In practice, the inquiry under 187(2) involves (1) Determining the state law that would apply absent a choice of law provision (2) Determining whether application of the chosen law would violate fundamental policy of the otherwise applicable state law and (3) Determining whether the state whose law would apply absent a choice of law provision has a materially greater interest.
The first determination – which state law would normally apply – turns on the application of various factors listed in Restatement (Second) Conflict of Laws § 188: Law Governing in Absence of Effective Choice by the Parties. Those factors include things such as the place of contracting, place of performance, location of the subject matter of the contract, place of incorporation of the business, etc. Applying the factors listed in 188, the Court reasoned that this test pointed to California law. Remember – turning back to the actual subject matter of the case – the dispute hinged on the operation of a franchise located in California.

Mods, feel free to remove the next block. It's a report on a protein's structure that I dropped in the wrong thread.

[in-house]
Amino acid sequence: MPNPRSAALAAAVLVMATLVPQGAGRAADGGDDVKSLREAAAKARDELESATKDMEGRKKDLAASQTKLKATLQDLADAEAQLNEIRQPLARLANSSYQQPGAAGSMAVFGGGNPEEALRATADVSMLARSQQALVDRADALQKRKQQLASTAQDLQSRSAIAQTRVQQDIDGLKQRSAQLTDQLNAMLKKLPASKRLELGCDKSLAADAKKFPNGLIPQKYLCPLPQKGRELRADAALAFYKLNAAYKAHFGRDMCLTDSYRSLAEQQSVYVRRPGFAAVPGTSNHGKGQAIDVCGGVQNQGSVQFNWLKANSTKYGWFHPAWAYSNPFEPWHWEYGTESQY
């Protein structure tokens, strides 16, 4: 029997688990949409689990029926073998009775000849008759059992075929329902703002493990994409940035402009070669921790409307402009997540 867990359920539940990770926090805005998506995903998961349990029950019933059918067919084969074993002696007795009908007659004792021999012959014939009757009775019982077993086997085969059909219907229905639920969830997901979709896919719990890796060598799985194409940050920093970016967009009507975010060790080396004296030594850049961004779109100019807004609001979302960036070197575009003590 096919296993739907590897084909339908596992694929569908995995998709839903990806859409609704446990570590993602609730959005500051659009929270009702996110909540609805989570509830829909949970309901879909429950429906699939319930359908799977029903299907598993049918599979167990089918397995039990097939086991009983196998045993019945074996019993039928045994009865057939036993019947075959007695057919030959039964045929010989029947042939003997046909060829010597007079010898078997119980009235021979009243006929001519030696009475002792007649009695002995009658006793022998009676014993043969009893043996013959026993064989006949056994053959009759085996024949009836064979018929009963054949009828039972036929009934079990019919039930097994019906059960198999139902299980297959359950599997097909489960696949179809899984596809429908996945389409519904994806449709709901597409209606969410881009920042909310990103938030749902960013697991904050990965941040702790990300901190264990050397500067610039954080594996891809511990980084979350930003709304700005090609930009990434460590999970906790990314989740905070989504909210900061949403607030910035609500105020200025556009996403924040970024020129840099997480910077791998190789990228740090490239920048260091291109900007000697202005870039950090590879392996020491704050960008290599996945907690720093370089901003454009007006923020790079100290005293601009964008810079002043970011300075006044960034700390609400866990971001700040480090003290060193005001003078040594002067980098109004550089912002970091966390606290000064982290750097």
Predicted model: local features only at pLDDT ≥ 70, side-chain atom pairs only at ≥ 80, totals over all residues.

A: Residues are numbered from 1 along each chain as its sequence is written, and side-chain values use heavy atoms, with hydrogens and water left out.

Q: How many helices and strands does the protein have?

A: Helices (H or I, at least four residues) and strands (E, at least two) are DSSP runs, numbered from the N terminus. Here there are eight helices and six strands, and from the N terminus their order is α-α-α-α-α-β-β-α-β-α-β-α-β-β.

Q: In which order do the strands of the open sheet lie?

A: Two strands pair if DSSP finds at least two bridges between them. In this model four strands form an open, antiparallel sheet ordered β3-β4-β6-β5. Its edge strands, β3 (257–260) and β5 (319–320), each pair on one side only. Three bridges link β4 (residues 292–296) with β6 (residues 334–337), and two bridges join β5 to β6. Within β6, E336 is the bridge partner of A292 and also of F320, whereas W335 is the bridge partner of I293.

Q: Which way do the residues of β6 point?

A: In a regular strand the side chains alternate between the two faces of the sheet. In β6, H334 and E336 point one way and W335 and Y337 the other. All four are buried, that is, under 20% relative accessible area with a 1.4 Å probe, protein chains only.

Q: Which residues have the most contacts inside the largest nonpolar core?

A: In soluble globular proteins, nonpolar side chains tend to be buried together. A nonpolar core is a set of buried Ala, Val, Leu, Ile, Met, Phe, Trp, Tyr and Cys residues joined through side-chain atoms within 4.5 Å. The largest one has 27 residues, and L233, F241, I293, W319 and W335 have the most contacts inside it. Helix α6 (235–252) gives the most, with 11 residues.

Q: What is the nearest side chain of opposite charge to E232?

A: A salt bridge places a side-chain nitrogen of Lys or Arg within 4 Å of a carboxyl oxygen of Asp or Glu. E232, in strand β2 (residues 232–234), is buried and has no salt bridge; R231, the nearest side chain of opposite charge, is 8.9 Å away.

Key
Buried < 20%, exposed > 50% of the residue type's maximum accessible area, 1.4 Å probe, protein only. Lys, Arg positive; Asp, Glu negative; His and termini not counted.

Having determined that California law would apply absent a choice of law provision, the Court next addressed whether application of Ohio law would offend fundamental public policy of California. The comments to 187 indicate that “a fundamental policy may be embodied in a statute which makes one or more kinds of contracts illegal.” This principle is directly applicable to the instant case: California Business & Professions Code § 16600 essentially prohibits the use of non-compete agreements. This is fundamental California public policy and the application of Ohio law would offend that policy.
Finally, the court concluded that California had a materially greater interest in regulating the activities of a business located in California that provides services to California consumers. Bottom line: The Ohio choice of law provision must be discarded and California law applies.